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Horror Movie A Day: The Book Paperback – March 31, 2016
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About the Author
Brian W. Collins was born and raised in Massachusetts. He moved to Los Angeles in 2005 and shortly thereafter began writing for various horror outlets as well as running his own site, Horror Movie A Day. A frequent guest on horror-themed podcasts, Collins has appeared in several documentaries and television specials focused on the genre, and often hosts repertory screenings of classic (and not-so-classic) horror films in the Los Angeles area. He lives with his family in the San Fernando Valley.
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For any longtime horror fan, Brian's reviews are a valuable resource. Horror fans are all well aware of the "The Horror Canon" (Halloween, The Thing, The Exorcist, The Texas Chainsaw Massacre, Poltergeist et al), and so many sites and articles have been written about why they're great, why they're important, why they’re great movies. (We know.) Then we get, usually around Halloween, lists of "obscure" horror films that we’re also already aware of (e.g. Candyman, or Event Horizon, or High Tension, or...) — and these are interesting if you’ve already seen The Omen & Rosemary Baby but wouldn’t consider yourself a ‘horror fan.' But we who are deep into the genre, in all its various permutations, we are curious about those movies we remember from the back shelves of mom ’n’ pop video stores w/ the lurid covers, from deep diving into the Netflix & Prime offerings. While BC may cover some of secondary group of films (not everyone’s a jaded horror junkie like some of us), he uses the blog, and now this book, to dive deep into the depths of the genre and give you 365 horror films that are absolutely worth tracking down and judging on your own.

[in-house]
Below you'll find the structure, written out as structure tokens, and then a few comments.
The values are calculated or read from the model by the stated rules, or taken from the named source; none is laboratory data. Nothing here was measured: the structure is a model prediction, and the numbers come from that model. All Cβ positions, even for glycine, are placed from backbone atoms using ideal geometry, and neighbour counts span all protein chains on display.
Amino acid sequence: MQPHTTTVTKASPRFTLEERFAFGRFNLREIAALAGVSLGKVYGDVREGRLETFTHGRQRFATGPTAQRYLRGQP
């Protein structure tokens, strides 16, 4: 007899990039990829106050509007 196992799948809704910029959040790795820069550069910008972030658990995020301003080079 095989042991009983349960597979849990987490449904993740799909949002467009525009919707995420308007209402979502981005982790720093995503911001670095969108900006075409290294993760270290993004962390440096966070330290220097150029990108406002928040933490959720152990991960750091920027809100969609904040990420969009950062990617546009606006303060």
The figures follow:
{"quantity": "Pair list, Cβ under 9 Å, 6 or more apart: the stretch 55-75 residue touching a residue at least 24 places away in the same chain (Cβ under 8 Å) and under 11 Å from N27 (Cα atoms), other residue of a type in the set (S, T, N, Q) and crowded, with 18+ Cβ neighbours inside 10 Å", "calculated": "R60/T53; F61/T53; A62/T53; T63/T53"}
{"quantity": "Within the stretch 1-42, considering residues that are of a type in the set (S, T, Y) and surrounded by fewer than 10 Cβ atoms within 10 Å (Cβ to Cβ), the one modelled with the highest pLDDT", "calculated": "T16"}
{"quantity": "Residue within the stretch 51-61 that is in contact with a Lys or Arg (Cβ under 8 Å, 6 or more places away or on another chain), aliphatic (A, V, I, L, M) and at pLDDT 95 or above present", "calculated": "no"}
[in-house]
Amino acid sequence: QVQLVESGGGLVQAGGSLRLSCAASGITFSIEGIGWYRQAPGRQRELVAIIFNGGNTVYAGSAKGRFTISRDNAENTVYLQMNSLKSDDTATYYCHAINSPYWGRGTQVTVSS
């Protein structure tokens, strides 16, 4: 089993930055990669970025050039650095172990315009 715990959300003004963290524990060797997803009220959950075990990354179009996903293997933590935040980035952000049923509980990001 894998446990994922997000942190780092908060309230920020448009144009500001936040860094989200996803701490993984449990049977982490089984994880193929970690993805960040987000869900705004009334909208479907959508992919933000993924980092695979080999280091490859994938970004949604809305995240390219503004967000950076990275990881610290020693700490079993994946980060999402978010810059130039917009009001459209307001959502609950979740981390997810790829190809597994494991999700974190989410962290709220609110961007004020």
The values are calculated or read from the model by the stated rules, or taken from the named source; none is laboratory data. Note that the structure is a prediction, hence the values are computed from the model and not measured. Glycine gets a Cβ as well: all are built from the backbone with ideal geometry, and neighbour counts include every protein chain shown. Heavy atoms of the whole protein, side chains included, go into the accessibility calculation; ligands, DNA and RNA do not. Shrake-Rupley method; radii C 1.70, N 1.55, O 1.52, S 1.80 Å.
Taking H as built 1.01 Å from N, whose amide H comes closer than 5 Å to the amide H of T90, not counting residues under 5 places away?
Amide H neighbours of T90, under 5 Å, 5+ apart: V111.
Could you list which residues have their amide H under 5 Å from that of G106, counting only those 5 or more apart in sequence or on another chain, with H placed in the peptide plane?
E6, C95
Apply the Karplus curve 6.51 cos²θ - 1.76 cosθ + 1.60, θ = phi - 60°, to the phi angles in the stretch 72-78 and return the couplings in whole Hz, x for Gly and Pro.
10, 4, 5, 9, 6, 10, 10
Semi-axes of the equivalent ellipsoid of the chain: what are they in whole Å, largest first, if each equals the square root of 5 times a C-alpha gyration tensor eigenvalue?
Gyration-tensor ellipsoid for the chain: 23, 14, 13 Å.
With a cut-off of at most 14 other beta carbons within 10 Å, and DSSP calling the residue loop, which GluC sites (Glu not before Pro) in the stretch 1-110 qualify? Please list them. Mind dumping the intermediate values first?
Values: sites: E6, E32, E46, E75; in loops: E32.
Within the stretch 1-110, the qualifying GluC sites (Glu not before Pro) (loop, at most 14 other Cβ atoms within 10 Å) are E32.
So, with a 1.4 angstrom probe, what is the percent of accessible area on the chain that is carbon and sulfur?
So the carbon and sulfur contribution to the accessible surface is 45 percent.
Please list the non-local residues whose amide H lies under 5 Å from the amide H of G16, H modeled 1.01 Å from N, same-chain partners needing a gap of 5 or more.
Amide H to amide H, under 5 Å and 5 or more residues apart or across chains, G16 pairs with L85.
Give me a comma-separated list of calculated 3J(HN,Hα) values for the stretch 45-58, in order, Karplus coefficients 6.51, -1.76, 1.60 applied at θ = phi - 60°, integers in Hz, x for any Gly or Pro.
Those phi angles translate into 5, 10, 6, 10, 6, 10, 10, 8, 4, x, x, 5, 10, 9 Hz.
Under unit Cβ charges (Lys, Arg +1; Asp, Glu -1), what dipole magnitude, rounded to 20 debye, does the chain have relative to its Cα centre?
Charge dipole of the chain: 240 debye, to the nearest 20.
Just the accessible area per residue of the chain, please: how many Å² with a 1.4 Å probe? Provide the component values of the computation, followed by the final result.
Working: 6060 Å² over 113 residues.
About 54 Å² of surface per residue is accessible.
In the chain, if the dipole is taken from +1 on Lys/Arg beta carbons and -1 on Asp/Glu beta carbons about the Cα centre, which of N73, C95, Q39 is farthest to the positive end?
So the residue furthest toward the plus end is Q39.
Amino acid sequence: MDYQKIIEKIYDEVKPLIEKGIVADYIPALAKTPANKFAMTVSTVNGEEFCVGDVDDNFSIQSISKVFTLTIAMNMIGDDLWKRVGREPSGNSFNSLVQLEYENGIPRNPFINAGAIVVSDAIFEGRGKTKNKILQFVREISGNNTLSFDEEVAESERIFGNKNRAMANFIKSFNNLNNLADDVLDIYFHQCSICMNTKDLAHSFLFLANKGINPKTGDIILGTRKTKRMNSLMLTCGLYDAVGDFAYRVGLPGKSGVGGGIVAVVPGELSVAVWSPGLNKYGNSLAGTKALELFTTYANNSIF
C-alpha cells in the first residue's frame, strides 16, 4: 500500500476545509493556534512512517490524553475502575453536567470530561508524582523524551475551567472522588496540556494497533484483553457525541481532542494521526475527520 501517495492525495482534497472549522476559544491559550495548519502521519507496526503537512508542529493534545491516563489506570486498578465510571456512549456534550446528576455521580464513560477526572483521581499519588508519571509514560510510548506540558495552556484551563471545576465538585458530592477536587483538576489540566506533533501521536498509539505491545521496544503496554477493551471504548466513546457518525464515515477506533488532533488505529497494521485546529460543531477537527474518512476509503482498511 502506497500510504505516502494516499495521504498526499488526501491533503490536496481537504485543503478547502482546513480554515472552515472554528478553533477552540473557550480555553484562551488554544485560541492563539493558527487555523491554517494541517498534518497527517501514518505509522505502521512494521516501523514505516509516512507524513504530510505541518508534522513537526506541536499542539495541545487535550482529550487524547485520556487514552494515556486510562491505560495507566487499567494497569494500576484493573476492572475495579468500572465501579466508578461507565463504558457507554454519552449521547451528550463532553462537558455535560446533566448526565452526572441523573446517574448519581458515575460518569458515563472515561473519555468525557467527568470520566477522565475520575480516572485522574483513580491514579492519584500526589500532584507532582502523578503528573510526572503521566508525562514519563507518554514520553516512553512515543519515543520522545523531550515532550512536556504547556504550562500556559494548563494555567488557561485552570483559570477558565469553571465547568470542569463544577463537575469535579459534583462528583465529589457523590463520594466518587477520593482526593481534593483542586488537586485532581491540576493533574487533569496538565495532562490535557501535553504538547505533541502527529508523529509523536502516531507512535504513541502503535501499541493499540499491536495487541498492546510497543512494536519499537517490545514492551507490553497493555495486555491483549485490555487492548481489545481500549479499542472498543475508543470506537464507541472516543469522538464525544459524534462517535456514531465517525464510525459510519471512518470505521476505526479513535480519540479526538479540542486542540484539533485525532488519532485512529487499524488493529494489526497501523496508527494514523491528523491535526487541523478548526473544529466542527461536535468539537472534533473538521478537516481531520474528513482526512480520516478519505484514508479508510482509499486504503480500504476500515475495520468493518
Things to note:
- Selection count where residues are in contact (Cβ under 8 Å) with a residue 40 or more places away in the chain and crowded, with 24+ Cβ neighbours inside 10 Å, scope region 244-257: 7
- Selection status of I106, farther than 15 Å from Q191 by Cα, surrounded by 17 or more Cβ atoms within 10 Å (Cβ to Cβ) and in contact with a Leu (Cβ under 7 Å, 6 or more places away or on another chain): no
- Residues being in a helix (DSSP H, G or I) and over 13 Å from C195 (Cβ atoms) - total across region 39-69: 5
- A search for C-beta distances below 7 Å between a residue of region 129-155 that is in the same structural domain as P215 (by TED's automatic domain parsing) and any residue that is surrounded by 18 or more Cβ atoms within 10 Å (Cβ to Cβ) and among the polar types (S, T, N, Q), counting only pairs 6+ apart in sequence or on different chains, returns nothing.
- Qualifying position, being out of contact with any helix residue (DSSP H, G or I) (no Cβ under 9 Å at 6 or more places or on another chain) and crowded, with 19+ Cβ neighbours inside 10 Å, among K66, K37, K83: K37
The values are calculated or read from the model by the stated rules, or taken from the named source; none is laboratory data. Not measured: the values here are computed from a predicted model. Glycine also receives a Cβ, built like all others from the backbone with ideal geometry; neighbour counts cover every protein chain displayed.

Let’s face it, a lot of the weird movies you remember from the bottom shelves of video stores, or 4 pages deep in Amazon’s streaming lists, are often not worth the time it would take to watch them. After watching 2500 horror movies, Brian is good gauge as to what is worth your time, even if it’s not a lost masterpiece.
What really makes this book shine though are not just the selection of the films (though it is a fascinating collection) but the care that Brian has put into the writing. Read his introduction and you see, he didn’t just pull a bunch of reviews off the blog, write said intro, and call it a day. The bulk of the prose is entirely new. He truly looked back at his time watching one horror movie a day for 5 plus years, and figured out how to make his experience entertaining to newbies and old hacks alike. He’s a strong, thoughtful writer, a funny dude, who has a readable, relatable prose style and is insightful without being pretentious.
This is already one of my favorite books about movies. I will refer to it often.
As a long time film and horror fan, I admit that I haven't watched all of these films, which is not particular helpful in a review except to say I have watched about 15,000 films and still have not seen all the ones in the book. My experience with watching that many films is I tend to wind up jaded so Collins makes me want to watch more films to experience the agony and ecstasy he went through (or Meh for some of them) when watching them. It's a great film writer that can make me want to watch another movie in a genre, any genre not just horror, that I feel supersaturated in.
So, one dives into this book with the proper expectation that it's NOT a "365 Horror Movies to See Before You Die!" kind of thing. We don't need yet another writer telling us how great Texas Chainsaw Massacre is. But horror nuts who find themselves beginning to scrape the bottom of the barrel can use this as a reference map to going a level (or a few) deeper.
But it's not ONLY obscure, impenetrable curiosities within. As you flip through, you're bound to see several titles you recognize, which is nice. The write ups on each film are chock full of comparisons and references to OTHER films, some covered in the book, some not. Taking all that into account, Horror Movie a Day is like a lifetime's worth of homework (in a good way) for any serious horror fan. Buy it. Enjoy.
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What a hideous, greasy, fat slob.Read more